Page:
High-rate anaerobic processes such as UASB and an anaerobic filter were found to be efficient in the treatment of leachate having a COD higher than 800 mg/L and a BOD/COD ratio higher than 0.3. [4] In an investigation, the UASB reactor was operated at 37 - 42°C, with an organic loading rate variation of 4.3 - 16 g COD/L.d, in a COD concentration of 5.4 - 20 g/L, and with an 80% COD removal in OLR of 16 g COD/L.d. The percentage of methane in biogas produced in the first and second UASB reactors was 64 and 43% respectively, with 9.5l/d biogas. [5]

Kennedy and Lentz, [6] found that treatment of the municipal landfill leachate, using the continuous flow UASB reactor was more favorable than the sequencing batch reactor at higher OLRs, and was very similar at low and intermediate OLRs. Nitrification of anaerobically pretreated municipal landfill leachate on a laboratory scale-activated sludge reactor was investigated through aerobic post-treatment, to produce effluent with 150 - 500 mg/L COD, less than 7 mg/L BOD, and an average less than 13 mg/L NH 4 -N. [7] Nitrogen can also be removed effectively from landfill leachate using a nitrifying upflow biofilter, with waste material as a filter medium, combined with subsequent denitrification of the nitrified leachate in the landfill body. [8] Lin et al. [9] examined the operating parameters and treatment efficiency in the digestion of septage, with landfill leachate, by using four laboratory scale anaerobic CSTR digesters. The septage and leachate were mixed in the ratio of 1: 0, 1: 1, 2: 1, and 3: 1 on the basis of COD for each digester, the Sludge Retention Time (SRT) was controlled at 20, 10, and 5.3 days. For the same SRT, a higher ratio of septage increased the removal efficiencies of COD, ammonia nitrogen, and total phosphorus. The methane yield was increased with increasing septage fraction. Torkian and Amin et al., succeeded in obtaining 85 - 90% efficiency in COD removal from a medium-sized traditional slaughterhouse's effluent by a pilot scale UASB reactor, in a temperature range of 25 - 29°C. [3]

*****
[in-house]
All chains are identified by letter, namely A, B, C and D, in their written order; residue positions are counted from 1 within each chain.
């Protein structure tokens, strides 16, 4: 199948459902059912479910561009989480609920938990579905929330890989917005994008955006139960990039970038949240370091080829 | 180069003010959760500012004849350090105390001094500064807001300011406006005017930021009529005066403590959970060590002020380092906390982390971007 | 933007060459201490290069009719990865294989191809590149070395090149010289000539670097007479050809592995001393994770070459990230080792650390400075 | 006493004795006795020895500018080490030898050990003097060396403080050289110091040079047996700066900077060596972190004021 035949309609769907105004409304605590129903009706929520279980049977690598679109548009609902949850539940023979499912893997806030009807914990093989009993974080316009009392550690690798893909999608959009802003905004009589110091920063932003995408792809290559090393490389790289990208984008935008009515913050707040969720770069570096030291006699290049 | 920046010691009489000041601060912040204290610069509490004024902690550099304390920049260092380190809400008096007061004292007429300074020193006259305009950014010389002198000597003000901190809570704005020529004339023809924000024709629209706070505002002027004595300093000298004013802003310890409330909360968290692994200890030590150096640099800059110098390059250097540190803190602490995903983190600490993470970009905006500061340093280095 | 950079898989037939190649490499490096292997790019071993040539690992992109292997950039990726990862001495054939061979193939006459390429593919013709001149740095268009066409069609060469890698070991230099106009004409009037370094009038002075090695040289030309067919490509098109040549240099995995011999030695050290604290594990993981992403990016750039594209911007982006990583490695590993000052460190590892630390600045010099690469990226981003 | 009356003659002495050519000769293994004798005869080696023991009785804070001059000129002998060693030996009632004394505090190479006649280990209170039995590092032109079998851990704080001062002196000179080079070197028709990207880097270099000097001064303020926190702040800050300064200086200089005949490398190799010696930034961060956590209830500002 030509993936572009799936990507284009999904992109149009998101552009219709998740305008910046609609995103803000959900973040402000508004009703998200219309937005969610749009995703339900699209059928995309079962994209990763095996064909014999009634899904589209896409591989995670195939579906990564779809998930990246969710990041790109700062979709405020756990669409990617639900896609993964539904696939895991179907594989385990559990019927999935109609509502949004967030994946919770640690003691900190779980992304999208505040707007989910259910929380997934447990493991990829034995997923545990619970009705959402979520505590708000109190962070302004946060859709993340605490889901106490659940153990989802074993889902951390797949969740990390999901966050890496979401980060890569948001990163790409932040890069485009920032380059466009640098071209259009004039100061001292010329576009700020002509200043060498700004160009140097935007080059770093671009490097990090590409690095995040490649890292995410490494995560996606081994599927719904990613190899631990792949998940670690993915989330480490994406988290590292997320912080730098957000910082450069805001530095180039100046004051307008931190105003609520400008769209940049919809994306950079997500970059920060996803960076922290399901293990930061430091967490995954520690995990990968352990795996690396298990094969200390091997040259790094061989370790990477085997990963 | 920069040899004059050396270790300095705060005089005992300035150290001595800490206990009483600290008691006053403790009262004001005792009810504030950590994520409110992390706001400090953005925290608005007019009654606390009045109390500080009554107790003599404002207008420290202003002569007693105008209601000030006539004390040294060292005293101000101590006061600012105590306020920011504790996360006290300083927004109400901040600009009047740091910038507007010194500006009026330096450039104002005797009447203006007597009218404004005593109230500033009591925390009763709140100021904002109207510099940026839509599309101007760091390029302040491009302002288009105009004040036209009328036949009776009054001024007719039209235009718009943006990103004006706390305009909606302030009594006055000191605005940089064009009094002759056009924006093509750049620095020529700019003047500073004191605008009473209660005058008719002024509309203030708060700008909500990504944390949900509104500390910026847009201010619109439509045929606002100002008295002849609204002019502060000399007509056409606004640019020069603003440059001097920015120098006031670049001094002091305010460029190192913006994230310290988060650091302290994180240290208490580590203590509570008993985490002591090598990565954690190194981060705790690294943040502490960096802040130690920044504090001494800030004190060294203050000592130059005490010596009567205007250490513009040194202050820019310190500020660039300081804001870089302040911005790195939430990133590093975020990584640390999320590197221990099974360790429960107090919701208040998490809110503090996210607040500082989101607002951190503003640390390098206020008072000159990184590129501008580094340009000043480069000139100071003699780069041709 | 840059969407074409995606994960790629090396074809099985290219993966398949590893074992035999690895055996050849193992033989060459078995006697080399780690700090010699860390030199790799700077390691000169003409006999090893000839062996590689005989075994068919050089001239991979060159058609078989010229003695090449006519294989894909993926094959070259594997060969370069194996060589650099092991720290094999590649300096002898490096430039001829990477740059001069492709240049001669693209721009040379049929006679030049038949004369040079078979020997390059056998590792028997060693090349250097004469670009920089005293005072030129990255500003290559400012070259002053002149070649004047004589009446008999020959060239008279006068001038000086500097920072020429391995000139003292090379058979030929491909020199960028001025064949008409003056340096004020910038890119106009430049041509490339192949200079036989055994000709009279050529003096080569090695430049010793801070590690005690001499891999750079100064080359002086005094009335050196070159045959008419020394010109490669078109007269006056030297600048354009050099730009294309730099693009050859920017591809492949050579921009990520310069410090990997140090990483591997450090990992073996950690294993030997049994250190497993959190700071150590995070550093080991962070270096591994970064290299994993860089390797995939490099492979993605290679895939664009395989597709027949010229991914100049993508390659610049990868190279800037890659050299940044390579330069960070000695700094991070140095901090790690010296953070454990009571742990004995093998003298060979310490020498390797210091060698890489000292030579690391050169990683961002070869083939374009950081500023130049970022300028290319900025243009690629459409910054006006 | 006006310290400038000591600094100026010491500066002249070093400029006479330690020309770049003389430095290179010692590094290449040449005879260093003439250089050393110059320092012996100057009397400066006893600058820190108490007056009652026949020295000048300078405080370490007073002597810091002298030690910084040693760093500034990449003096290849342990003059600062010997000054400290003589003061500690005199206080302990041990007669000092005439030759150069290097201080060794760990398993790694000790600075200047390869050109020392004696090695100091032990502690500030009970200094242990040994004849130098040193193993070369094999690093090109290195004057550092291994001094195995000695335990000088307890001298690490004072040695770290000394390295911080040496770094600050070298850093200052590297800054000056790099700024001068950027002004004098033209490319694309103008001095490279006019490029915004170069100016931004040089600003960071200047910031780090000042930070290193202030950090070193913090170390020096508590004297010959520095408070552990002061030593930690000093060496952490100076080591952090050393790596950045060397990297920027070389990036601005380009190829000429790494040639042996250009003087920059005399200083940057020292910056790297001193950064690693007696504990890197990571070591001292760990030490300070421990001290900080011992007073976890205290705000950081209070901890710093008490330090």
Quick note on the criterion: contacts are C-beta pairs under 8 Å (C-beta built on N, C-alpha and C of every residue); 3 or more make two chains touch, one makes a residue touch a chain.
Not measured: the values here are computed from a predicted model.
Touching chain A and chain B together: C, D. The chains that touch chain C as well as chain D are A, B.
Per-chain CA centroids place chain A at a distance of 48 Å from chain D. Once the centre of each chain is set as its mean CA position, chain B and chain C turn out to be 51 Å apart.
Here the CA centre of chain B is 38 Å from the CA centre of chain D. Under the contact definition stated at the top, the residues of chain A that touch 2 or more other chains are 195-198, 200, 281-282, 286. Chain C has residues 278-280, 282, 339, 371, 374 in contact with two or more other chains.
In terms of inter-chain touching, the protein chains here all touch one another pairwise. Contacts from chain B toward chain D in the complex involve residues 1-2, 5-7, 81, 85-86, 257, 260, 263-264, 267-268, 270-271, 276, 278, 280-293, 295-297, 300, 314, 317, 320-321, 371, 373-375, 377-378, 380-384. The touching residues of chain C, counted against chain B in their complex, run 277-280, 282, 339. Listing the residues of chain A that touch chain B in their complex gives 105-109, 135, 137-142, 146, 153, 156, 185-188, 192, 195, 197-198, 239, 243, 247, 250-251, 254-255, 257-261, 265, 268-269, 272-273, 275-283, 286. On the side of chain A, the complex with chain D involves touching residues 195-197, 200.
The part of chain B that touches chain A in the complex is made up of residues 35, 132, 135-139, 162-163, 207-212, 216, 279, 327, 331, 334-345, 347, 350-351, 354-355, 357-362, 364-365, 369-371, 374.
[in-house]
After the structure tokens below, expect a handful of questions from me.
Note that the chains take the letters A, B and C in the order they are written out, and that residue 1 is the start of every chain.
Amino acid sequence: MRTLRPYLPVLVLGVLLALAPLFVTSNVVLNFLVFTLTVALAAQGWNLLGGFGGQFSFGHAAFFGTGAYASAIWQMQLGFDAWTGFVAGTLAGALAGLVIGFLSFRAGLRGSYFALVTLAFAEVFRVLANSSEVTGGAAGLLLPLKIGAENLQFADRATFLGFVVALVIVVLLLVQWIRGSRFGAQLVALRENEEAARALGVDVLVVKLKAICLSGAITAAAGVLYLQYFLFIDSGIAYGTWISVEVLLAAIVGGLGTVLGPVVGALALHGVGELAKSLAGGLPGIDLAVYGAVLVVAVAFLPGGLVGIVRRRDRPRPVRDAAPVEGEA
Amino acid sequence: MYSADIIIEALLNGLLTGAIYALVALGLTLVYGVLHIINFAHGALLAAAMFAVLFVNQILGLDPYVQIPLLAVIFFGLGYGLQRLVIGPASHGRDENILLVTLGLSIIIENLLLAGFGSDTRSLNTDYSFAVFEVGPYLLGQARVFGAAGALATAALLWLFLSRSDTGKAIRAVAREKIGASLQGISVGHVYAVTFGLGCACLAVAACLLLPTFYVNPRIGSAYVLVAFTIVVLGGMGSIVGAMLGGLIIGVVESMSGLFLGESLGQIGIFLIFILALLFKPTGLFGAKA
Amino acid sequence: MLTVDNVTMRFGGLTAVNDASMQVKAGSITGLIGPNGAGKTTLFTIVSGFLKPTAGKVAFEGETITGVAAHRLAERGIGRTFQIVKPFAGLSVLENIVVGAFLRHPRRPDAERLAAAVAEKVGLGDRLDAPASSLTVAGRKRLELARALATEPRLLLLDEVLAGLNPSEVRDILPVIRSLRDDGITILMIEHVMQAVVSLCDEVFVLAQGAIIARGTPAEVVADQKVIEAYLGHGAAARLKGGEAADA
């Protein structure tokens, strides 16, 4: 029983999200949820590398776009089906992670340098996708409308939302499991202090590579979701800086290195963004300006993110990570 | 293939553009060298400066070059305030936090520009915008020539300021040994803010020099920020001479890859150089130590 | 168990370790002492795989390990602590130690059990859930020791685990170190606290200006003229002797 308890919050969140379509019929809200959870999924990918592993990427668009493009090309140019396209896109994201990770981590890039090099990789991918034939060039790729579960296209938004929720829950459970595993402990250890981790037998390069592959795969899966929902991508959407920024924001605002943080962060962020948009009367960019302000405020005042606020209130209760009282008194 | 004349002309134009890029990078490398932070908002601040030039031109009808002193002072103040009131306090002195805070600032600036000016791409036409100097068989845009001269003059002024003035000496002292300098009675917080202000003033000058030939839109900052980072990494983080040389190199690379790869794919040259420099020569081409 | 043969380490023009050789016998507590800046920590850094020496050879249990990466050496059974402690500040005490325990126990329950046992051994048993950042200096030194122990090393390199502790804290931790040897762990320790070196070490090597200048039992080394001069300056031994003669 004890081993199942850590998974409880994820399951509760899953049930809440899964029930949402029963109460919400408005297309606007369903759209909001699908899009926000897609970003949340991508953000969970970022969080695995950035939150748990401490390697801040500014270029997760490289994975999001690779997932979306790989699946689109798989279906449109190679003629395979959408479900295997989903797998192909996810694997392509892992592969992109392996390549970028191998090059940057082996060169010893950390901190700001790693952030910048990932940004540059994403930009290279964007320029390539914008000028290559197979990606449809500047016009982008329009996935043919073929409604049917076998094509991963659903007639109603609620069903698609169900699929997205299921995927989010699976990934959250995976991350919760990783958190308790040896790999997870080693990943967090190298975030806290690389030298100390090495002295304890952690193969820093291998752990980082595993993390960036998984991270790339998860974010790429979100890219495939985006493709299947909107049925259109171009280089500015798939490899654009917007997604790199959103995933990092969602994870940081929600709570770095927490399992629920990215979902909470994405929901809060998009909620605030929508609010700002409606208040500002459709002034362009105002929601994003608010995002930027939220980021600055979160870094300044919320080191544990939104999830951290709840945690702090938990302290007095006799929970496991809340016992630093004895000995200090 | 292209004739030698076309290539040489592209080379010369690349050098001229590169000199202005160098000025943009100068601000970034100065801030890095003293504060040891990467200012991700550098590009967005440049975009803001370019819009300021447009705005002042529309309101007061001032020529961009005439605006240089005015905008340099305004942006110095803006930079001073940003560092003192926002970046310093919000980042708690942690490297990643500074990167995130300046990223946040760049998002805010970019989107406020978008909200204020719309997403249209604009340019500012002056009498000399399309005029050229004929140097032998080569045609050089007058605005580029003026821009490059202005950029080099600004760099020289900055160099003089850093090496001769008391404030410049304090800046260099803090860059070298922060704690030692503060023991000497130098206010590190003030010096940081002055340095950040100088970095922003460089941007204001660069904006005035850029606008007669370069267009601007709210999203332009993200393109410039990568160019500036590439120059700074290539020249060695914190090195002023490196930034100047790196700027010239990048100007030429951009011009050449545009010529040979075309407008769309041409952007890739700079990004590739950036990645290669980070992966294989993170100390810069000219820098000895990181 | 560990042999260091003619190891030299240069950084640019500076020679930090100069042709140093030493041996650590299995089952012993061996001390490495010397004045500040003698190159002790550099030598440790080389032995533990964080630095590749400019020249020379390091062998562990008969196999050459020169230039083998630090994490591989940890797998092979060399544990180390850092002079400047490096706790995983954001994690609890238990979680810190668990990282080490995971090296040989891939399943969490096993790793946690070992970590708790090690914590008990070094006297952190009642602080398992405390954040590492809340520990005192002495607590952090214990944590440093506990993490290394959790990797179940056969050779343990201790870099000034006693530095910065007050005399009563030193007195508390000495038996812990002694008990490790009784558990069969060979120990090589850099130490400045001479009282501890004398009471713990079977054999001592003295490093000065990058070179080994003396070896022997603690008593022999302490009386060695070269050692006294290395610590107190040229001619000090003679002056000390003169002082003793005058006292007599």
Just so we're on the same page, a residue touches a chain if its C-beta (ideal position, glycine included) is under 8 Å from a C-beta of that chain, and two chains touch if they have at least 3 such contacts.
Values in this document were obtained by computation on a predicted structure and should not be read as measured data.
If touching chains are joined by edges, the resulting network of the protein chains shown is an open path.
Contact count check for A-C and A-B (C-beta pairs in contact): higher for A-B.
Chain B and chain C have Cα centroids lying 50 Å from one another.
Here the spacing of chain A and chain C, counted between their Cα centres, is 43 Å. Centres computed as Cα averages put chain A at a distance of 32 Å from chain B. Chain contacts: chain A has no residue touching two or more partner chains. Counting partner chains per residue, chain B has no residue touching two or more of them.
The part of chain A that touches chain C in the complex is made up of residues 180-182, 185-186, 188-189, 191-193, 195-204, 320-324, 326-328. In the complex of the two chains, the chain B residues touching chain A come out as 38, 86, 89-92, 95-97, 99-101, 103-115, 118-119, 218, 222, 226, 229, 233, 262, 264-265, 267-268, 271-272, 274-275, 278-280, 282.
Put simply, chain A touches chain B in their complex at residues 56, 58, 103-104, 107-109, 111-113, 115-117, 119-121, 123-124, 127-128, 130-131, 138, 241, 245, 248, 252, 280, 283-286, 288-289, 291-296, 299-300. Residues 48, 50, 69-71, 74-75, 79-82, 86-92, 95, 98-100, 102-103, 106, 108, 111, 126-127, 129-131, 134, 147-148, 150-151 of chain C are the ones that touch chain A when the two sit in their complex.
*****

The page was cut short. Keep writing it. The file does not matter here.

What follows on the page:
In a study by Jianyong et al., [10] the leachate from pretreated municipal solid waste was treated by an expanded granular sludge bed (EGSB) bioreactor under mesophilic conditions and 88 - 97% COD removal was obtained under normal operation conditions.

Castrillon et al., [11] studied the removal of COD from an old municipal solid waste leachate with a COD between 11000 and 16000 mg/L by anaerobic treatment and obtained 80 - 88% COD removal for an OLR of 7 g COD/L.d and around 60% for an OLR of 1 g COD/L.d, as leachates had lower COD (4000 - 6000 mg/L).

Jiexu et al., [12] in an investigation, obtained 82.4% of COD removal at an OLR of 12.5 g COD/L.d, under mesophilic conditions, with an UASB reactor, when treating fresh leachate from the municipal solid waste incineration plant with high COD (70390 - 75480 mg/L).

The objective of this study was to investigate the UASB reactor efficiency in treating municipal landfill leachate, under tropical temperature (34 - 39°C), in Ahwaz city, south of Iran. This investigation focuses on the treatment of leachate and finding the optimum flow rate in such a reactor, when working in a tropical temperature. It has been performed on a laboratory scale, according to the conditions in Ahwaz city.

  Materials and Methods Top